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Structural formula
Structural formula of pemoline
( R ) -Pemoline (top) and ( S ) -Pemoline (bottom)
Non-proprietary name Pemoline
other names

( RS ) -2-Amino-5-phenyl-1,3-oxazol-4-one ( IUPAC )

Molecular formula C 9 H 8 N 2 O 2
External identifiers / databases
CAS number 2152-34-3
EC number 218-438-8
ECHA InfoCard 100.016.763
PubChem 4723
DrugBank DB01230
Wikidata Q419008
Drug information
ATC code

N06 BA05

Drug class


Molar mass 176.17 g · mol -1
Physical state


Melting point

256-257 ° C


practically insoluble in water, soluble in hot ethanol

safety instructions
Please note the exemption from the labeling requirement for drugs, medical devices, cosmetics, food and animal feed
GHS labeling of hazardous substances
07 - Warning


H and P phrases H: 302-312-332
P: ?
Toxicological data

436 mg kg −1 ( LD 50ratoral )

As far as possible and customary, SI units are used. Unless otherwise noted, the data given apply to standard conditions .

Pemoline is a drug with a stimulating effect . The substance belongs to the group of oxazolidinones and has properties similar to methylphenidate .

Pemoline was on the market in Germany for over 50 years. Initially used to treat poor performance and drive, e.g. For example, during menopause, depression, epileptic seizures and other diseases of the nervous system, pemoline was recently only approved as a reserve drug for the treatment of ADHD .

After the risk of hepatotoxicity became known, the British authorities withdrew the approval in 1997. The FDA initially restricted the indication and the BfArM reassessed the risk profile. After repeated occurrences of acute liver failure, the manufacturers took the substance off the market under pressure from the authorities (FDA Alert). The manufacturer Abbott Laboratories ( Cylert ) stopped production in 2005. Finally, Lilly took the last product ( Tradon ) from the German market in 2006. Finished medicinal products are no longer on the market worldwide.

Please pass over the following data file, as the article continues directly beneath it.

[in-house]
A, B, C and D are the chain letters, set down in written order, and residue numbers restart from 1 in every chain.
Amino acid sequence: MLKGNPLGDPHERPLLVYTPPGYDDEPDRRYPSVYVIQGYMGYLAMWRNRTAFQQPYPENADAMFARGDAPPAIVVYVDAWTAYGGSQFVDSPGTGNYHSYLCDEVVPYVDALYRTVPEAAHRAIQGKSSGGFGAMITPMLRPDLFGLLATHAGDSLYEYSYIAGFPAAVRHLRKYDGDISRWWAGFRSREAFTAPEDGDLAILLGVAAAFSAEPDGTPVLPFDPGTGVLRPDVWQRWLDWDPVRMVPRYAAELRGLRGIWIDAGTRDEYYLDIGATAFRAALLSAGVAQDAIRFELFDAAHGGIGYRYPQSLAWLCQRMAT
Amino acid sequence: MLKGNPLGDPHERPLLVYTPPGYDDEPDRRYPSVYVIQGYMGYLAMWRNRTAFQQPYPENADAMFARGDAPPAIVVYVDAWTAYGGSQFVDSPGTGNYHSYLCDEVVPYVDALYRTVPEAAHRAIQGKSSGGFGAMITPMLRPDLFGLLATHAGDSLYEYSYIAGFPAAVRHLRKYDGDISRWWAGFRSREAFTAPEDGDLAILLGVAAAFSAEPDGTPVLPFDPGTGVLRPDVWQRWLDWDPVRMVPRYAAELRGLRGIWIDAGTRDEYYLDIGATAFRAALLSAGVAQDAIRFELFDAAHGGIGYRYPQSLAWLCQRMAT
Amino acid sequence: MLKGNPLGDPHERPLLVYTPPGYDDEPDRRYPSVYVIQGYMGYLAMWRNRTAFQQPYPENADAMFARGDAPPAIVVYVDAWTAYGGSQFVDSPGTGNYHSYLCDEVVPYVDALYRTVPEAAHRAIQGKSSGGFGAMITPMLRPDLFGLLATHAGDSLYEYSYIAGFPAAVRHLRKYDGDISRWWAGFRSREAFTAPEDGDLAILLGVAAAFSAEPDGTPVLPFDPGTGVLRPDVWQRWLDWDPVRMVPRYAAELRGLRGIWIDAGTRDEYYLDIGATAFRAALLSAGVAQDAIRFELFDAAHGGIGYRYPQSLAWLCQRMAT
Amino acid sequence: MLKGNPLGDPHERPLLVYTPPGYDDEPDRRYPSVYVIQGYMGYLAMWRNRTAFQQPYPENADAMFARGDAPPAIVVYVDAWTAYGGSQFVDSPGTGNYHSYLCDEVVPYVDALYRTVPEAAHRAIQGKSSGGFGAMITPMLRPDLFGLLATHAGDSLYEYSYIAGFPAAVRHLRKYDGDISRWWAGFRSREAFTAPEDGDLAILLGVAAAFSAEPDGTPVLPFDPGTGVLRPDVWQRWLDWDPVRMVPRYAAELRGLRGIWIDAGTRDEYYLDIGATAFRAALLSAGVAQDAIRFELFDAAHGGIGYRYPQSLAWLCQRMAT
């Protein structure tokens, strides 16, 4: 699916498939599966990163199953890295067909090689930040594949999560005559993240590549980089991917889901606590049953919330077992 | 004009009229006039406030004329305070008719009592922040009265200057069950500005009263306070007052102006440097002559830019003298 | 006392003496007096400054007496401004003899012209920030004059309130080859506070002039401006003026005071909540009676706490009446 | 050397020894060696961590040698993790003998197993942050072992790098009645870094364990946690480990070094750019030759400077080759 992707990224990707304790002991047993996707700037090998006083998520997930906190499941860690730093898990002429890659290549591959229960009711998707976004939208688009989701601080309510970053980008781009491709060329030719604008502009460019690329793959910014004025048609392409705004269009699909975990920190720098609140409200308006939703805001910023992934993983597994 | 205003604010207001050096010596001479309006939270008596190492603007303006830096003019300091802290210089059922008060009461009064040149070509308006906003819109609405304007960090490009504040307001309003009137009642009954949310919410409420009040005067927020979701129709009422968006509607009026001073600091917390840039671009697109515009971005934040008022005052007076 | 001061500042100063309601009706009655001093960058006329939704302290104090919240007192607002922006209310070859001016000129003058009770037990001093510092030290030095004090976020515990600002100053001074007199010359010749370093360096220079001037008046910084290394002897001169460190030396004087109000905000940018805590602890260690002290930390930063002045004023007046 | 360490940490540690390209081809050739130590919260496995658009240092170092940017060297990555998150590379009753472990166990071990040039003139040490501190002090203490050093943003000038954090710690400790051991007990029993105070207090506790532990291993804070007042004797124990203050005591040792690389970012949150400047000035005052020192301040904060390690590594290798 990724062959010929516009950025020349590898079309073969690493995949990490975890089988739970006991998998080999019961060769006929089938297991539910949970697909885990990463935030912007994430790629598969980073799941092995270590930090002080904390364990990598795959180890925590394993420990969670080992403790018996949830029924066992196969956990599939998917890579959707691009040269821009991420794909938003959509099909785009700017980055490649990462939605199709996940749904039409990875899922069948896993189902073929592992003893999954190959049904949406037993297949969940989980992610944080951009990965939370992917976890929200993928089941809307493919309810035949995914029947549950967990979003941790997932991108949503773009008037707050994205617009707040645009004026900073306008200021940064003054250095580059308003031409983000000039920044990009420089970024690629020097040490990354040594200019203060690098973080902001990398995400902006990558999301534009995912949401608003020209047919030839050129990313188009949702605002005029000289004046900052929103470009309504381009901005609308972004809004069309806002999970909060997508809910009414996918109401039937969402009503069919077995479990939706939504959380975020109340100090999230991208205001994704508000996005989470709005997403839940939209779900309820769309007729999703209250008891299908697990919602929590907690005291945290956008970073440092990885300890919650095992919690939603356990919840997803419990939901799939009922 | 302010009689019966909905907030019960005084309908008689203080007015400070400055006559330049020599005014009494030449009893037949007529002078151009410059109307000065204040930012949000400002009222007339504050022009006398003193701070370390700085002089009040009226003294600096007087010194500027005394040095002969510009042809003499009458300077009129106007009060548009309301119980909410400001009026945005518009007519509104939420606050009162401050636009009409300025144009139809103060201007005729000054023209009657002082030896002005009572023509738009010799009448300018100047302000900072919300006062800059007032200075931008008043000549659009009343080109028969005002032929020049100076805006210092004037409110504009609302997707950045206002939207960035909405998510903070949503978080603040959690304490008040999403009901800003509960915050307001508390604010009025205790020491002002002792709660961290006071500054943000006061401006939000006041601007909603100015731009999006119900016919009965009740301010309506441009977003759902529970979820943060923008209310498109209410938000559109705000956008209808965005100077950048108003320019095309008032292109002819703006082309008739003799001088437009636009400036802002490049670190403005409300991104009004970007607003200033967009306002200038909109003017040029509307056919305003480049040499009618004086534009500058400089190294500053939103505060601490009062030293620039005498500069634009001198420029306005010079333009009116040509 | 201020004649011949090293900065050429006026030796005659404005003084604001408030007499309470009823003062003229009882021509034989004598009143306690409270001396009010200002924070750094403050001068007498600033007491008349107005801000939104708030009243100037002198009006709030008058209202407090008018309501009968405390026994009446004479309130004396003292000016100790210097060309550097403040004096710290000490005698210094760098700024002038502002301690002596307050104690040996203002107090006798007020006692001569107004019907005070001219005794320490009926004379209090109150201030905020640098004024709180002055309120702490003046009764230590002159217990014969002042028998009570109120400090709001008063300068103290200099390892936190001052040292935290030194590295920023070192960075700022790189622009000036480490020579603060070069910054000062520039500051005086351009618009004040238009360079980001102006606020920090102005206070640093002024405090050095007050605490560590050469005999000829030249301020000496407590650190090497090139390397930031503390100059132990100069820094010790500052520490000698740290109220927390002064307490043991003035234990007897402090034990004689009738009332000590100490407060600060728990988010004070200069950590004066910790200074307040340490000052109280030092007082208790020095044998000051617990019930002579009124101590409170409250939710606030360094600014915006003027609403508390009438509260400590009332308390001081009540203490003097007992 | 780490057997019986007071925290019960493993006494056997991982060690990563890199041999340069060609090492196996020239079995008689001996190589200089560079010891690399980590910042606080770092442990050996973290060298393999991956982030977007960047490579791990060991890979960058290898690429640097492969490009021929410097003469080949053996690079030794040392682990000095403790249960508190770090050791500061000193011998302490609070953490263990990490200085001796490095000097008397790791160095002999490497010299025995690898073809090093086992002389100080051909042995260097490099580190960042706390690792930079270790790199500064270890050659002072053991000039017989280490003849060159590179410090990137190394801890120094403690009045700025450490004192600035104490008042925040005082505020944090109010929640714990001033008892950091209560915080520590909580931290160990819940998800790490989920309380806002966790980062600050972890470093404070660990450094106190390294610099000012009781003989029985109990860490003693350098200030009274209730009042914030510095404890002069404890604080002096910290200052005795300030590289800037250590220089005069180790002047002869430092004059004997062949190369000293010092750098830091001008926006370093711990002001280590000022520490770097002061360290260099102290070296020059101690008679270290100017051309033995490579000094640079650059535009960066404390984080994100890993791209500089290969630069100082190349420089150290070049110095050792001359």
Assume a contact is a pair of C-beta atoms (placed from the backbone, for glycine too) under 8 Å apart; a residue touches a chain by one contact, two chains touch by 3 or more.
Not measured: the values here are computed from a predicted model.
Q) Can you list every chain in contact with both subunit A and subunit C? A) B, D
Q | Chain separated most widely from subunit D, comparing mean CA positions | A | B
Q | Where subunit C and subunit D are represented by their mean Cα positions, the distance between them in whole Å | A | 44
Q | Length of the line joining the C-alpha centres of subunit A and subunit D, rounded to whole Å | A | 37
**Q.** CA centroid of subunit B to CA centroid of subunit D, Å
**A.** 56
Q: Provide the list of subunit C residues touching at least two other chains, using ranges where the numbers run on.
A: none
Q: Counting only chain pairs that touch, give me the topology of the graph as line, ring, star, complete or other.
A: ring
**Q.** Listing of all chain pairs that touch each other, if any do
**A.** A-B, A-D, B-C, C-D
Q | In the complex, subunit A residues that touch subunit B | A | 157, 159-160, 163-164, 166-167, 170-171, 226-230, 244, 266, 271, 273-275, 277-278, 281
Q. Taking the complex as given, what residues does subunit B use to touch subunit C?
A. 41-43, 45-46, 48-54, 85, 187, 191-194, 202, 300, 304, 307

Pemoline is regulated by narcotics law.


The dosage is 20 to max. 100 mg. The half-life is about 8 to 12 hours.


The drug works by selectively inhibiting the presynaptic dopamine and noradrenaline transporters. By preventing resumption, the concentration of these neurotransmitters increases. However, the exact mechanism of action is not known. The therapeutic effect only sets in after a latency period of four to six weeks after the first dose.

In comparison with other stimulants, the rebound phenomenon is absent or only weakly pronounced. The half-life is significantly longer than z. B. that of methylphenidate.

Side effects

Typical common side effects are insomnia, insomnia, loss of appetite, and weight loss. Internet sources also mention drowsiness, dizziness and headaches. During the use of pemoline, increased liver enzyme values and the occurrence of hepatotoxic reactions were observed, which prompted the Drug Commission of the German Medical Association to issue a prescription restriction: Pemoline could only be prescribed if other treatment measures (therapy with other psychostimulants such as methylphenidate or amphetamine ) were unsuccessful or not on their own were sufficient and with special monitoring of liver function. Since pemoline was approved by the FDA in 1975, 21 cases of liver failure have been reported, 13 of which resulted in liver transplant or death. According to the FDA, this is up to 25 times more common than would be expected without the drug. Therefore, the FDA first issued a warning and withdrew US marketing approval in 2005.

Dependency potential

In Germany, pemoline falls under the Narcotics Act. The exception to this is the tablet form with a dose of up to 20 mg per piece, for which no BTM prescription is required. In the US, the FDA lists pemoline as a Schedule IV drug under the Controlled Substances Act .

Trade names

Cylert (USA, supra ), Abbott Laboratories; Tradon (D, A.H.), Lilly; Stimul (CH, a. H.)

Web links

Individual evidence

  1. a b c Entry on pemoline. In: Römpp Online . Georg Thieme Verlag, accessed on October 1, 2014.
  2. Template: CL Inventory / not harmonized There is not yet a harmonized classification for this substance . A labeling of pemoline in the Classification and Labeling Inventory of the European Chemicals Agency (ECHA), retrieved on July 10, 2020, is reproduced from a self-classification by the distributor .
  3. Fatal liver damage from the psychostimulant pemoline (Tradon®) | Good pills, bad pills. Retrieved July 10, 2020 .
  4. ABDA database (as of December 6, 2009).
  5. Tradon | ADHD medication. Retrieved July 10, 2020 .
  6. Medicines Commission of the German Medical Association: Prescription restrictions for pemoline (Tradon®) due to the risk of liver damage , Deutsches Ärzteblatt 97, issue 6, February 11, 2000.
  7. Cylert (pemoline): Uses, Dosage, Side Effects, Interactions, Warning. Retrieved July 10, 2020 .